It has finally happened. Almost two days after the Bharatiya Janata Party (BJP) won just eight of the 70 seats in the Delhi elections, 37 short of his prediction, home minister Amit Shah has said that hate remarks such as “goli maaro” and “India-Pakistan match” should not have been made during the campaign.
Such remarks may have resulted in the party’s defeat in the elections, he admitted during a programme organised by Times Now.
Union minister Anurag Thakur had encouraged a crowd to chant the incendiary slogan during a rally in Delhi, later telling The Indian Express that he had merely asked people what should be done with traitors of the country. He did not face any official rebuke from the BJP.
BJP’s candidate Kapil Mishra, who lost from the Model Town constituency, had raised the same “goli maaro” slogan during rallies in support of the discriminatory Citizenship Amendment Act (CAA) in December. After a video of him shouting the slogan surfaced on social media, Mishra told The Indian Express that he stood by it. The BJP had then distanced itself from Mishra, but gave him a ticket for the Delhi elections last month.
Despite his statement last month that Shaheen Bagh protesters “will rape, kill your sisters”, BJP MP Parvesh Verma was allowed to initiate a debate on the Motion of Thanks to the President’s address in the Lok Sabha.
Even discounting the party’s tacit and active encouragement of leaders who made all attempts to polarise the Delhi electorate, Shah’s comments are ironic because, as Frontline has pointed out, the Home Minister led this hate campaign. At a rally in Delhi, he had said that people should press the EVM button with such anger that the protesters in Shaheen Bagh “feel the current”.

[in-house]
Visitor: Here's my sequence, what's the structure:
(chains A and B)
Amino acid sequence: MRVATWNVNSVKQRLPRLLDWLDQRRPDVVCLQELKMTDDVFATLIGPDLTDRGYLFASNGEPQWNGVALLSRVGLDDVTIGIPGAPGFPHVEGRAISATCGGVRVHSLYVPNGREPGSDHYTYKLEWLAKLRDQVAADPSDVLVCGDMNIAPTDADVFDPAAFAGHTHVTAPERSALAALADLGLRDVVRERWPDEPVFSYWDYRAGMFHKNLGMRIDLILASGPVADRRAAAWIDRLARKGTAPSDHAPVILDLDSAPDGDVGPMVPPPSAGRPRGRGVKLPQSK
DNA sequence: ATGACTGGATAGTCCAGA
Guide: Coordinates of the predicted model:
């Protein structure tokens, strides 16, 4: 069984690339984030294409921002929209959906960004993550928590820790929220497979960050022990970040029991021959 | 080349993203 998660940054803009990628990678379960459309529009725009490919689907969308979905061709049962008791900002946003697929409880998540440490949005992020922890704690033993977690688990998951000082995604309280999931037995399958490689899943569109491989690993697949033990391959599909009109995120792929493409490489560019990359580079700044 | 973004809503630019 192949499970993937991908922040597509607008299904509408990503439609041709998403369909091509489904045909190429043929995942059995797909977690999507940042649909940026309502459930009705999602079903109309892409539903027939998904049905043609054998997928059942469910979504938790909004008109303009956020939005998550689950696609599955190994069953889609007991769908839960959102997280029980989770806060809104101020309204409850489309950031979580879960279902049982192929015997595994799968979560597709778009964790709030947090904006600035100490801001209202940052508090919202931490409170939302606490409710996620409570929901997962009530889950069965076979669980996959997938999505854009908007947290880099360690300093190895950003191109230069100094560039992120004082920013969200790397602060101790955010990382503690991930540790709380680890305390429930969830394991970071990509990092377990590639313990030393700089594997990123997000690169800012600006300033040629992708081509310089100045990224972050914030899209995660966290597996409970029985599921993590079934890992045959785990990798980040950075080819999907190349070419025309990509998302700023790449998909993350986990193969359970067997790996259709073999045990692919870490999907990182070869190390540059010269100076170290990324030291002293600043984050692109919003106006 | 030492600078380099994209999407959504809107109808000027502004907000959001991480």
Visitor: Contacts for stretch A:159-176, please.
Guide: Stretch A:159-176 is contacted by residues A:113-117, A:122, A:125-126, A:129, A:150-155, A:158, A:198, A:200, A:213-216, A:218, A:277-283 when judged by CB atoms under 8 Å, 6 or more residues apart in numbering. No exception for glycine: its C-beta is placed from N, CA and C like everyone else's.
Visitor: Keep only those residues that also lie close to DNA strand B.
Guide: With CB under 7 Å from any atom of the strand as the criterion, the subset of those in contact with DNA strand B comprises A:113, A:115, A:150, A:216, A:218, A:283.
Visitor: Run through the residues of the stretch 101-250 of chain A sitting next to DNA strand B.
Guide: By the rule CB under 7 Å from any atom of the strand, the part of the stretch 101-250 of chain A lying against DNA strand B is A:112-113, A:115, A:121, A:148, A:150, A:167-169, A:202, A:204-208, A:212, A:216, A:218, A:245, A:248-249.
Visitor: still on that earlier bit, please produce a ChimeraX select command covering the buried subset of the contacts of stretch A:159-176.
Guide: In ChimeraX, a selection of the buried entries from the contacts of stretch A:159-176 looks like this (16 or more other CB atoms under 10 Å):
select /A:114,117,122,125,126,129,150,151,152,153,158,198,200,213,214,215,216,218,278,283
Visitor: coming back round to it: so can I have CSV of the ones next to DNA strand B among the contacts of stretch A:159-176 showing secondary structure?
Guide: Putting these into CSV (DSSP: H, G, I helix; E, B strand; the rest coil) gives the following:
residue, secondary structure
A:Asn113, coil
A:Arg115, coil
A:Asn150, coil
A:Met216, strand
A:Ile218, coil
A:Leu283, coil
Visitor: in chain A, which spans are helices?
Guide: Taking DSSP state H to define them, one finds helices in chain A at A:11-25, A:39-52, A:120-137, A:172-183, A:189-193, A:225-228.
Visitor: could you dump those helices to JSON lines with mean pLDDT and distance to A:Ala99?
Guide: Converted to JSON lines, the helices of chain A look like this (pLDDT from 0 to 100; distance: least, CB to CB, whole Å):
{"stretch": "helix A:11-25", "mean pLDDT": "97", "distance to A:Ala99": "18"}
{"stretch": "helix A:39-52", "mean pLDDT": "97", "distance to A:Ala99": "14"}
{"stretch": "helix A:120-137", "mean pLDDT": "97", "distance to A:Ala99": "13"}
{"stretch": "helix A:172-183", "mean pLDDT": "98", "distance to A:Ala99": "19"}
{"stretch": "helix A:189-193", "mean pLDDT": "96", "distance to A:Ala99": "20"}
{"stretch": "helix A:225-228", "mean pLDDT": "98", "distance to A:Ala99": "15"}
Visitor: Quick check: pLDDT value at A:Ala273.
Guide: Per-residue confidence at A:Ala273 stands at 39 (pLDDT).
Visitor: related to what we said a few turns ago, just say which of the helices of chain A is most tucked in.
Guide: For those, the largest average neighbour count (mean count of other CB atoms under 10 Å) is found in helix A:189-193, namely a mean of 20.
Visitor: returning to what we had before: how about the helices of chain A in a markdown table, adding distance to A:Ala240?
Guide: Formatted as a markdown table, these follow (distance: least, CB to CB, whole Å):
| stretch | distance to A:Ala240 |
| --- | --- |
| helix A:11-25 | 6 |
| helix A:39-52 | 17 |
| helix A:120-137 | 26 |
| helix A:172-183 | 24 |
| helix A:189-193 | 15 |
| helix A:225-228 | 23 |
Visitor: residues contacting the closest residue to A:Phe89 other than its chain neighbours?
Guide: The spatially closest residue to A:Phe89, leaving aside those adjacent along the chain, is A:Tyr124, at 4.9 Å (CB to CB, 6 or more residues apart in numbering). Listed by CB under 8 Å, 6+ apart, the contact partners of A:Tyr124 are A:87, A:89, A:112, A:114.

When asked about his remark on Shaheen Bagh at the Times Now event, Shah said it wasn’t about actually electrocuting someone. “It’s a matter of explaining that victory (in elections) is related to an ideology”.
He also said that elections are not just for victory or defeat for the BJP, but about expanding its ideology.
Rahul Verma, a fellow at Centre for Policy Research, had told HuffPost India last week that the provocative remarks made by several BJP leaders were not merely intended to win them votes.
“Notwithstanding the result, each election campaign provides the BJP leadership with an opportunity to push the ideological framework governing party politics in India. This not only enthuses the party’s core support base but also to attract new voters to its fold,” he had said.
Last year, the BJP had fielded Malegaon-blast accused Pragya Singh Thakur from Bhopal in the 2019 Lok Sabha elections. After Her remarks on Gandhi’s killer Nathuram Godse created a major controversy, Prime Minister Narendra Modi said he would not forgive Thakur for calling Godse a “patriot”.
Her candidature was, however, not withdrawn and she won from Bhopal.